Remote Work Can Be Productive But Also Challenging
Ever since companies implemented remote work en masse, we have witnessed several general tendencies. One is that despite early concerns about remote work leading to less productivity, what many have seen firsthand is that a lot of work can indeed get done via remote work — in many cases even more than before when people were physically going into offices. There is a wide range of possible reasons for this, from having a quieter environment to work in (which is obviously not always the case for everyone, especially parents) to having more time freed up due to less commuting to no obvious start and end time to the work day.
Alas, the results have not been uniformly positive. One problem many of us have experienced is that remote meetings can be more difficult. The actual platforms used to run meetings online like Zoom or Google Meet are in themselves relatively simple and straightforward to use. The challenge is that online meetings come with some intrinsic limitations such as the inability to incorporate the same level of non-verbal communication that we use interacting in-person. Non-verbal communication plays an influential role in conveying meaning, and when it is absent, we lose important nuance. Perhaps the most annoying obstacle is that online people tend to talk over each other, albeit unintentionally. Part of this is because we cannot use those non-verbal signals to signal we want the floor, and part of it is technical issues of buffering, delays, and audio/video synching.
This is the time for employers to be analyzing, strategizing, and planning, to find out what employees need.
Making Up for Lost Planning Time
Companies have had to grapple with the lack of time to plan and prepare for a complete switch to remote work. COVID-19 forced them to go from 0 to 60 mph in what felt like a nanosecond, resulting in many hiccups along the way. Looking ahead, now that much of the initial craziness has ebbed, many companies will have the opportunity to make up for that lost planning time. They should make this a deliberative process and include to identify what worked and what didn't in the remote work process. Good, clear communication will be key. What limitations did employees run up against over the past several months, and what are their ideas for getting around those? What kinds of hardware and software do they need to acquire or upgrade? This is the time for employers to be analyzing, strategizing, and planning, to find out what employees need. They should also prepare thoughtful responses if and when they cannot make the changes employees request.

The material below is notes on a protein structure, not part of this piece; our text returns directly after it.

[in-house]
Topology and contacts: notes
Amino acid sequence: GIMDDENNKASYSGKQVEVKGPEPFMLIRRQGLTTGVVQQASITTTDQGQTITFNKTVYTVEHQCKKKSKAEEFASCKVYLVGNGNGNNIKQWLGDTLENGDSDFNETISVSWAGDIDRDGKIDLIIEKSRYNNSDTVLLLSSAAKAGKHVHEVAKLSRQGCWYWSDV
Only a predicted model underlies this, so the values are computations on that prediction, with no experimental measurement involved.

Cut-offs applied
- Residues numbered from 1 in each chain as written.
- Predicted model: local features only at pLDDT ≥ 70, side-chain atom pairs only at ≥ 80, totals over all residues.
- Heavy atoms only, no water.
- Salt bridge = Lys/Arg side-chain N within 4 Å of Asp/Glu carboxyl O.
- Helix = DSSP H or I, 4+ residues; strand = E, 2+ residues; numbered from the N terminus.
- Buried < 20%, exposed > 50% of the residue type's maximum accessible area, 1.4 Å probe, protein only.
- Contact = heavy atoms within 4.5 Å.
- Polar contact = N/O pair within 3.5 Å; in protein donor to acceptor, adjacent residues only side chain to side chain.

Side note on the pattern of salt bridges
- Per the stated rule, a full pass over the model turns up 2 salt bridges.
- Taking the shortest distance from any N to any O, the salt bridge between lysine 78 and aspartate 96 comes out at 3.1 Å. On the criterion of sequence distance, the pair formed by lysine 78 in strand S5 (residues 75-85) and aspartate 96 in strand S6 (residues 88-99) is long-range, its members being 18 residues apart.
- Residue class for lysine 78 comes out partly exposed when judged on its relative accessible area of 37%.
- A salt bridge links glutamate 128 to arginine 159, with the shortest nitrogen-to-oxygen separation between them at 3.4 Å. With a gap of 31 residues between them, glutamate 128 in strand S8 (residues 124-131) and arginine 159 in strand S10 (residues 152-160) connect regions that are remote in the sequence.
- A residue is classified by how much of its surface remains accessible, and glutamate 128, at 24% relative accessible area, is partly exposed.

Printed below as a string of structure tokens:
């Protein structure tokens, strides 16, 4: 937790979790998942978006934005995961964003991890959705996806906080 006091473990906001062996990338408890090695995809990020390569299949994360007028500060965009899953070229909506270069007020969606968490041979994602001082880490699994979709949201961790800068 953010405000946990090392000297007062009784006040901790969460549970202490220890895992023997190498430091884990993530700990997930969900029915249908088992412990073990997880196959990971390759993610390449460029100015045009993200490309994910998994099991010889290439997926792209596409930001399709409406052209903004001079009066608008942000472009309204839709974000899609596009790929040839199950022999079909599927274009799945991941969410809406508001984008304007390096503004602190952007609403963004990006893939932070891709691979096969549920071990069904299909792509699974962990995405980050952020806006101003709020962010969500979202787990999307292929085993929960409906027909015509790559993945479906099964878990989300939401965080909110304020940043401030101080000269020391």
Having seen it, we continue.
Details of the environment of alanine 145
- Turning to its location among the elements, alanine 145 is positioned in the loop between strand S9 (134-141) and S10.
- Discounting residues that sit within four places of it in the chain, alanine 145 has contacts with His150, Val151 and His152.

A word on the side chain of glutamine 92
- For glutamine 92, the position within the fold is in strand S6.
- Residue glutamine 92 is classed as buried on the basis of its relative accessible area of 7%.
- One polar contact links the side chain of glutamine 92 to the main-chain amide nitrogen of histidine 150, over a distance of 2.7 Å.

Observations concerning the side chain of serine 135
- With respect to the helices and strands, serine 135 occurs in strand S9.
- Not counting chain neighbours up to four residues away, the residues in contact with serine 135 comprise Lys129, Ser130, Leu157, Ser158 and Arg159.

Avoiding the Pitfalls of Overwork and Burnout
Of course, a flexible workplace culture of this sort requires a great deal of trust, and good communication is the foundation of this trust.
As mentioned, remote work has not led to people being unproductive or doing less work. If anything, people are working more, and therein lies a potential problem. For many, COVID-19 has caused work-life balance and healthy boundaries between the two domains to effectively disintegrate. This is why communication is so important, particularly for companies preparing to offer a permanent remote work environment to staff. Companies need to encourage employees — remote or in the office — to take work-life balance seriously. In a tough employment environment, with so many layoffs and furloughs, many people feel lucky just to have their jobs. They are anxious about keeping them, and so succumb to the temptation to be available 24/7 as a way of demonstrating their value to their companies. This isn't good for the company, and it is definitely not good for the employee.
Overwork, stress, and burnout have detrimental effects on employees' functioning and job engagement as well as their performance and productivity. To help avoid this, companies will need to set clear expectations, clearly communicate what those expectations are, and, if necessary, actively encourage employees to take enough time away from work. They may also benefit by changing their workplace culture to focus more on results and final products and less on strictly defined work schedules. For example, as long as your employees get what you need back to you by the time you need it, perhaps the actual hours or days that they work should not matter so much. Of course, a flexible workplace culture of this sort requires a great deal of trust, and good communication is the foundation of this trust.
The Importance of Informal Communication at Work
One dimension that was largely lost because of the widespread transition to remote work was informal communication in the workplace. This is the casual socializing and interaction that naturally occur among employees in the workplace — the proverbial water cooler talk. It just seems odd to schedule Zoom calls for engaging in small talk or socializing with our work colleagues.
Good, clear, and frequent communication, once again, will be the key to maximizing the benefits of remote work and minimizing its potential pitfalls in the post-COVID era.
However, workplace informal communication is important and serves multiple beneficial functions. Conversations build interpersonal relationships and have positive effects on work whether or not the topic relates specifically to the job at hand. It is likely that going forward, companies will move to a modality that incorporates both remote and in-person work, although some may find staying remote works for them. If the company has all or many or some employees working remote, it will be worth considering how to create space and opportunities for informal communication. This could be through hosting virtual happy hours, recreating morning coffee breaks, or hosting brown bag lunches or whatever else fits companies' needs and situations. No reason these events could not include the employees in the office as well as those working remotely. A company wanting to celebrate could host a luncheon on campus and send takeout to those working from home — a truly virtual brown bag lunch!Despite the numerous logistical challenges that the sudden shift to remote work has presented, the consensus among many employers and employees alike is that remote work can work. Not only can it work, it can be highly efficient and productive and provide employees with the flexibility they want as well as offer numerous advantages to companies. Good, clear, and frequent communication, once again, will be the key to maximizing the benefits of remote work and minimizing its potential pitfalls in the post-COVID era.